Hamilton certainly goes out of his way to stress the realism of the Maltese worldview. “We are like a pea in the Mediterranean… That’s spelt P-E-A.” Yet he claims to be “in awe of what a small country like Malta can achieve in International Relations.”
Arguably the stand-out episode in the country’s diplomatic history came with the Malta Summit of December 1989, just several weeks after the fall of the Berlin Wall. It was billed in the media as the most important meeting of its kind since the Yalta summit of 1945, and so the venue required a certain symbolism. The waters of Malta were eventually chosen, not just because the archipelago lies at the geographical centre of the Mediterranean where North meets South and East meets West, but also because neutrality is enshrined in the national constitution: “Malta is a neutral state actively pursuing peace, security and social progress among all nations by adhering to a policy of non-alignment and refusing to participate in any military alliance.” It was at this summit that George Bush Senior and Mikhail Gorbachev first met, and where they officially declared the end of the Cold War.
Malta was also in the vanguard of campaigners for awareness about another epoch-defining global issue. Climate change is now widely recognised as everybody’s concern, but Malta as a small island state is particularly attuned to the acute dangers of rising sea levels. Green-leaning policies may be commonly discussed today, but this was not the case in 1988 when the public figure David Attard spoke of the need for a “comprehensive global strategy to protect the weather and climate as part of an effort to ensure that our planet remains fit to sustain human life.”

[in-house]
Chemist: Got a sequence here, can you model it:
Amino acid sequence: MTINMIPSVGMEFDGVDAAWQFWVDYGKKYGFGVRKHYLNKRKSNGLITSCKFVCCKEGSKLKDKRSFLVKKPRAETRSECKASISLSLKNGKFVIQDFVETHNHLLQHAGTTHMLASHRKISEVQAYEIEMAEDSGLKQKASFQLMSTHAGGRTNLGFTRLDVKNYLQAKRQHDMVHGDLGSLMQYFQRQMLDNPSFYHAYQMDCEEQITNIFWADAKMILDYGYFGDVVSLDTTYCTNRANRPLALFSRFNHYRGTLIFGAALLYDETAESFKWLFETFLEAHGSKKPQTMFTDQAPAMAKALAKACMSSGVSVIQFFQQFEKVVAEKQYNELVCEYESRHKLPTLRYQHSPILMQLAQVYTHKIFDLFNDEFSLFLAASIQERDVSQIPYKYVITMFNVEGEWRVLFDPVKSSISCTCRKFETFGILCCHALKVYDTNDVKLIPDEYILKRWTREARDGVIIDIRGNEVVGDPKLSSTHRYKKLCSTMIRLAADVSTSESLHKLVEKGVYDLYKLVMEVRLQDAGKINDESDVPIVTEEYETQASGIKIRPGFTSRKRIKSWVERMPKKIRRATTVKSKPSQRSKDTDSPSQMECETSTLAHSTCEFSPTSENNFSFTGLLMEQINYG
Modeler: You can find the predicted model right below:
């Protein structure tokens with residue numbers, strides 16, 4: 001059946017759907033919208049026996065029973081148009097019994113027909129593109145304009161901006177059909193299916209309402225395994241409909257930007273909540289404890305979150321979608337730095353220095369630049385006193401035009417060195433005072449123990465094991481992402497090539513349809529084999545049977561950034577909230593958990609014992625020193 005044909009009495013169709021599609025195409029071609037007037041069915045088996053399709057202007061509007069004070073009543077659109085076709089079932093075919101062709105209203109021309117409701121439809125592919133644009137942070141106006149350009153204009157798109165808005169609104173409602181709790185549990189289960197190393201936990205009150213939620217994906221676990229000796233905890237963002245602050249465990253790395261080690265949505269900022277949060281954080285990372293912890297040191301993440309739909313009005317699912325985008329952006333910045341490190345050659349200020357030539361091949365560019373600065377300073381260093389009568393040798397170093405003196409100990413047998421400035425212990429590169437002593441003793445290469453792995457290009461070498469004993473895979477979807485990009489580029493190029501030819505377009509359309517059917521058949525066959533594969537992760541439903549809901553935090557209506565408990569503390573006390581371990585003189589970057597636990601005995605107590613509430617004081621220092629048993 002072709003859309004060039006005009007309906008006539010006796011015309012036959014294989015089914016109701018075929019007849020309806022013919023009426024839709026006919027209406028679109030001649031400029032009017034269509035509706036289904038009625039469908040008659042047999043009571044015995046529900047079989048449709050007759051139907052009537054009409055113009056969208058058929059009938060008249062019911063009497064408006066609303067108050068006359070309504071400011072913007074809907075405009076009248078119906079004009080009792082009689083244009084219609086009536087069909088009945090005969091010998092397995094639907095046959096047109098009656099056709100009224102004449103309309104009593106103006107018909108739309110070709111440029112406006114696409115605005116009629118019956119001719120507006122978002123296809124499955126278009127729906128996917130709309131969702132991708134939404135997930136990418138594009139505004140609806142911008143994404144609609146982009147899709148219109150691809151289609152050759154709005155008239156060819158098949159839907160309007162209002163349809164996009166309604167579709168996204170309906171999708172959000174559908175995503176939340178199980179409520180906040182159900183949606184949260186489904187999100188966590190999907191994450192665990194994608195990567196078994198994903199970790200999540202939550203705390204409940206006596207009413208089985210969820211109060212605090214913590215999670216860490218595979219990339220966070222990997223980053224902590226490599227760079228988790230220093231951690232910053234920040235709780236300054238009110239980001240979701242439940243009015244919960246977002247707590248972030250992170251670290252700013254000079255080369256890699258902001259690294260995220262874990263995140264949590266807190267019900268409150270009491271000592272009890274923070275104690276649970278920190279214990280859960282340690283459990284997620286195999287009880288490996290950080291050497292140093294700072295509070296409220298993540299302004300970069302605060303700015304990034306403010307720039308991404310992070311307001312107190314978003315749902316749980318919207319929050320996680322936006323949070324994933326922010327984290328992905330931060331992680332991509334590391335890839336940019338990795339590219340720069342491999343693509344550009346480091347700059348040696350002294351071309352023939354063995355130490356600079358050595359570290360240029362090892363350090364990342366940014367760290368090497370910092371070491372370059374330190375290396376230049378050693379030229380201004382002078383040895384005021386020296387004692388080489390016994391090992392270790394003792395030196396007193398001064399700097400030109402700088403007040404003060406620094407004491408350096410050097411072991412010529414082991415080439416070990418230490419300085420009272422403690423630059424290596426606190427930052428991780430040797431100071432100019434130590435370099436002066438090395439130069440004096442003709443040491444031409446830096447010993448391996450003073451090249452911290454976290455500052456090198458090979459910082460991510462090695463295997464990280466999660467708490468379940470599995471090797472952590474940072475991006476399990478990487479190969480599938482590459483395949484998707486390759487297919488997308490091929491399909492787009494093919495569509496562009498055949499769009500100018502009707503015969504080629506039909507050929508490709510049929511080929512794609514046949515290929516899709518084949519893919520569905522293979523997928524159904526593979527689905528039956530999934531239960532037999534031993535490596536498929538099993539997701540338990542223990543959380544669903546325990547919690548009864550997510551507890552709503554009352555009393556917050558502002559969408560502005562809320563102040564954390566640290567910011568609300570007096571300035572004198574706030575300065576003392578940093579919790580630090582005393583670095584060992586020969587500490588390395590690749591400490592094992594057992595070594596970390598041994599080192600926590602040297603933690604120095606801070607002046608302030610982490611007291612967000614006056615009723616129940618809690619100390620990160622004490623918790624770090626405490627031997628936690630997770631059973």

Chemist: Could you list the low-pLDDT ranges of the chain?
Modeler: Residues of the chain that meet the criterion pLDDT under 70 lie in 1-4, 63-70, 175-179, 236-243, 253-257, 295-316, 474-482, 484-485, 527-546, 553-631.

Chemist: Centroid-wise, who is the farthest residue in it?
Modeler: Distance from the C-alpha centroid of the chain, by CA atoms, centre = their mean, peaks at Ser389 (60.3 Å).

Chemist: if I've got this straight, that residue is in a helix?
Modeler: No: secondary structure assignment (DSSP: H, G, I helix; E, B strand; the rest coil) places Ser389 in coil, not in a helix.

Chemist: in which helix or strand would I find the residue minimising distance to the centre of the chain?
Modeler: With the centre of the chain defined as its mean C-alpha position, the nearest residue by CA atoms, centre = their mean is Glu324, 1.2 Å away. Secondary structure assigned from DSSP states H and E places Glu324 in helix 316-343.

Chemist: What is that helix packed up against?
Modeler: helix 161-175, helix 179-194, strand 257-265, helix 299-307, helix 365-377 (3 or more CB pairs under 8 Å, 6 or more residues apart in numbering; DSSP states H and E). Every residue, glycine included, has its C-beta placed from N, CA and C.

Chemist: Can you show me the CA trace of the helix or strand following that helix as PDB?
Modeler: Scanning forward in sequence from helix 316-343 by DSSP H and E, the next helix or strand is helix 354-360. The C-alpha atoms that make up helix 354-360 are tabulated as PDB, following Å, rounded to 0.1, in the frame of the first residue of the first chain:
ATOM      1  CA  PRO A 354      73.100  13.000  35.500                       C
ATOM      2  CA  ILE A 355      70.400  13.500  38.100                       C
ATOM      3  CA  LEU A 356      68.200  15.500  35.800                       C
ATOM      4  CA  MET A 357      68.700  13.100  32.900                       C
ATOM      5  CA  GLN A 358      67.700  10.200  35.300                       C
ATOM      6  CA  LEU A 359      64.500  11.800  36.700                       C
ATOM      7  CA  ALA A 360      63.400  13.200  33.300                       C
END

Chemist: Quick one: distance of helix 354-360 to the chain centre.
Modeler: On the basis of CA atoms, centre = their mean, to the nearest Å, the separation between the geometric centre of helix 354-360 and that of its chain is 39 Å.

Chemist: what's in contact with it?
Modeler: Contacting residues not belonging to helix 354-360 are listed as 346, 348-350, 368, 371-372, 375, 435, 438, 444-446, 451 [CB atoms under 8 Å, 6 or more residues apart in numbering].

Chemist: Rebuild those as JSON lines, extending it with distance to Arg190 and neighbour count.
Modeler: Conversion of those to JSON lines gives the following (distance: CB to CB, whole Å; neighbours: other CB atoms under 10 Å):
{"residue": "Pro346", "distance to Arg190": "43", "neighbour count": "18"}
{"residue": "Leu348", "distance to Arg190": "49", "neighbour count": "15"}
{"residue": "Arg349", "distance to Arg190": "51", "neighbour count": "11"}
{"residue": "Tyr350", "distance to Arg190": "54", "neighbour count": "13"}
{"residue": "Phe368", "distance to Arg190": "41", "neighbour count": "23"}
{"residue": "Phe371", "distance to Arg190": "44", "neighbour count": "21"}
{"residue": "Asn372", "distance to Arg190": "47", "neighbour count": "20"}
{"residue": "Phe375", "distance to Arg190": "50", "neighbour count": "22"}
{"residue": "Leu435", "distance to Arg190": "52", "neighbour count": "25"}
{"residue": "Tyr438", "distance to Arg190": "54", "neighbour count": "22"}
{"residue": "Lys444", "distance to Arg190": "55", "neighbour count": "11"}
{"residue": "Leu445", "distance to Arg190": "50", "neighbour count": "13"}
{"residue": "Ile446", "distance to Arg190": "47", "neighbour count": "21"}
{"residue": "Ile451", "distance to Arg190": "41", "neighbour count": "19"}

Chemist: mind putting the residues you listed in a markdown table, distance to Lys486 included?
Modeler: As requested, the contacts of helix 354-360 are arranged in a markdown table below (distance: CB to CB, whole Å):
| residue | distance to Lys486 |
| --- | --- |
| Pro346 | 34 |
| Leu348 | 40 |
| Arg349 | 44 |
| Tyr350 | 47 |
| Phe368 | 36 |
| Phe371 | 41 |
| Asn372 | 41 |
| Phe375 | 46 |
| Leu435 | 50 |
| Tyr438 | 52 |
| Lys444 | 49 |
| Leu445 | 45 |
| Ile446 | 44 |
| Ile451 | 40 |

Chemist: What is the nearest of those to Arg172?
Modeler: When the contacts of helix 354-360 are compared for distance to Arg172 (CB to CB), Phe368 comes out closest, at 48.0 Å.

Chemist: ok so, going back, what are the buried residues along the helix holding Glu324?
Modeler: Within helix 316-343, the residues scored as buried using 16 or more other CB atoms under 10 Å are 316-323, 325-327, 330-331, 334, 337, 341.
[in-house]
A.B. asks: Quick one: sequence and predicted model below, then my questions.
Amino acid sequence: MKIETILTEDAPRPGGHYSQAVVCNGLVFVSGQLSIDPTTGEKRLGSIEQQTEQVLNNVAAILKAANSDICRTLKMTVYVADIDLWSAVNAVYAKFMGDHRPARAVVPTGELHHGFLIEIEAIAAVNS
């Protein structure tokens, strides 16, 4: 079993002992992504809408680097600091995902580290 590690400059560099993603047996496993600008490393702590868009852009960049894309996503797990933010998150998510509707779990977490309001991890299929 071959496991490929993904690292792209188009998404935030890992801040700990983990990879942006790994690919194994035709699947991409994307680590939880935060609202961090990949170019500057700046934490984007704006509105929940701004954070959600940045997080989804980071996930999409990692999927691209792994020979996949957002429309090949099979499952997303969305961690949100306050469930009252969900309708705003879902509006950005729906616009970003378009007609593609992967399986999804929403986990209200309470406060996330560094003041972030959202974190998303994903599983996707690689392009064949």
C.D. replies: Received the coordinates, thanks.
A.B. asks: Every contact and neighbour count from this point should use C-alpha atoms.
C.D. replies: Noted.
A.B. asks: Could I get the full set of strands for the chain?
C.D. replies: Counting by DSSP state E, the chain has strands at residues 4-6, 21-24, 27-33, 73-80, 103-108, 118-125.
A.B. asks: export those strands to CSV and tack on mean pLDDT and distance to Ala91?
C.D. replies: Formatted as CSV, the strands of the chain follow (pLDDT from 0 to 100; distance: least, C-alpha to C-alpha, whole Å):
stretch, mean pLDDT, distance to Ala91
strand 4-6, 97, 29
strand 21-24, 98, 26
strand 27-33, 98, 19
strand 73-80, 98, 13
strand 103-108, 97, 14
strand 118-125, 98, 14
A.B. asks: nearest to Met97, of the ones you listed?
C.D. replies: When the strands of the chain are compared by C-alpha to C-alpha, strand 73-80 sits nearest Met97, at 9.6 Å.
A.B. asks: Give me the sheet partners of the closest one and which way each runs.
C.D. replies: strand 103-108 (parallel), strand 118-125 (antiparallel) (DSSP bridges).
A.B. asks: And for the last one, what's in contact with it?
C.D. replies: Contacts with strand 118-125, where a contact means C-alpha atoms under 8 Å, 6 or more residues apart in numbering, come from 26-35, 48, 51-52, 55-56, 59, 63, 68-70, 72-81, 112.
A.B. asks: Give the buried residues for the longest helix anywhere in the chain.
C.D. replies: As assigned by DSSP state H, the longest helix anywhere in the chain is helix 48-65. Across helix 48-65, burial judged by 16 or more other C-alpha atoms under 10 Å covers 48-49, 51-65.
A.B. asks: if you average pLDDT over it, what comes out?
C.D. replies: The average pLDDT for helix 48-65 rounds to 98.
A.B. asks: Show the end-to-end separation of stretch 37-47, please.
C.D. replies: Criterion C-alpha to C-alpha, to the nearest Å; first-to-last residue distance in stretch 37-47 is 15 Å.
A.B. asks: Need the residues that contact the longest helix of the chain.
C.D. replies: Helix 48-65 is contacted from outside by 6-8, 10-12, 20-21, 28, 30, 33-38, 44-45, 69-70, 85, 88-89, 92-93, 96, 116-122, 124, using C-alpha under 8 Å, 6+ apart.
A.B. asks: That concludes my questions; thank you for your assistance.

But while Malta’s national outlook tends towards assisting in conflict resolution and encouraging larger powers to engage in dialogue, the country is not simply a bystander in the pre-eminent issues of our time. Its strategic location has brought it to the fore recently, as Hamilton speaks sadly of the refugee crisis that has brought the despair of those fleeing violent regimes and dangerous instability to Maltese shores. Even if many people set sail for Italy, the accidental destination is Malta with disproportionate frequency, as it is the first landfall from the African coast. And while space is a legitimate concern (the total landmass is notably smaller even than that of the Isle of Wight), the failure to prevent the deaths at sea of desperate people has become something of a national tragedy. In 2017, Malta will assume the presidency of the Council of the EU and will be looking to make their voice heard on this conspicuous issue.
This presidency coincides with another one in their 2018 presidency of the Commonwealth. While the organisation is not always at the forefront of people’s imaginations, its 53 constituent countries still account for 2.2 billion people, a third of the world’s population. Hamilton’s message is an endorsement of the validity of the organisation, and also of co-operation between its three EU states – Cyprus joins the UK and Malta in that trio.
There are many things we can learn from Malta’s experience – not just a potted history of Europe’s political and demographic development throughout the ages, but also an attitude towards the outside world that values the cultures of others while still retaining pride in its own. The multilingualism of the Maltese is a shining example in Europe, and at a time of rising isolationism, it serves as a timely reminder of the value of populations that are sensitive to other cultures and can engage fluently in foreign languages. This characteristic is of great credit to Malta, and other countries would be wise to emulate it at home.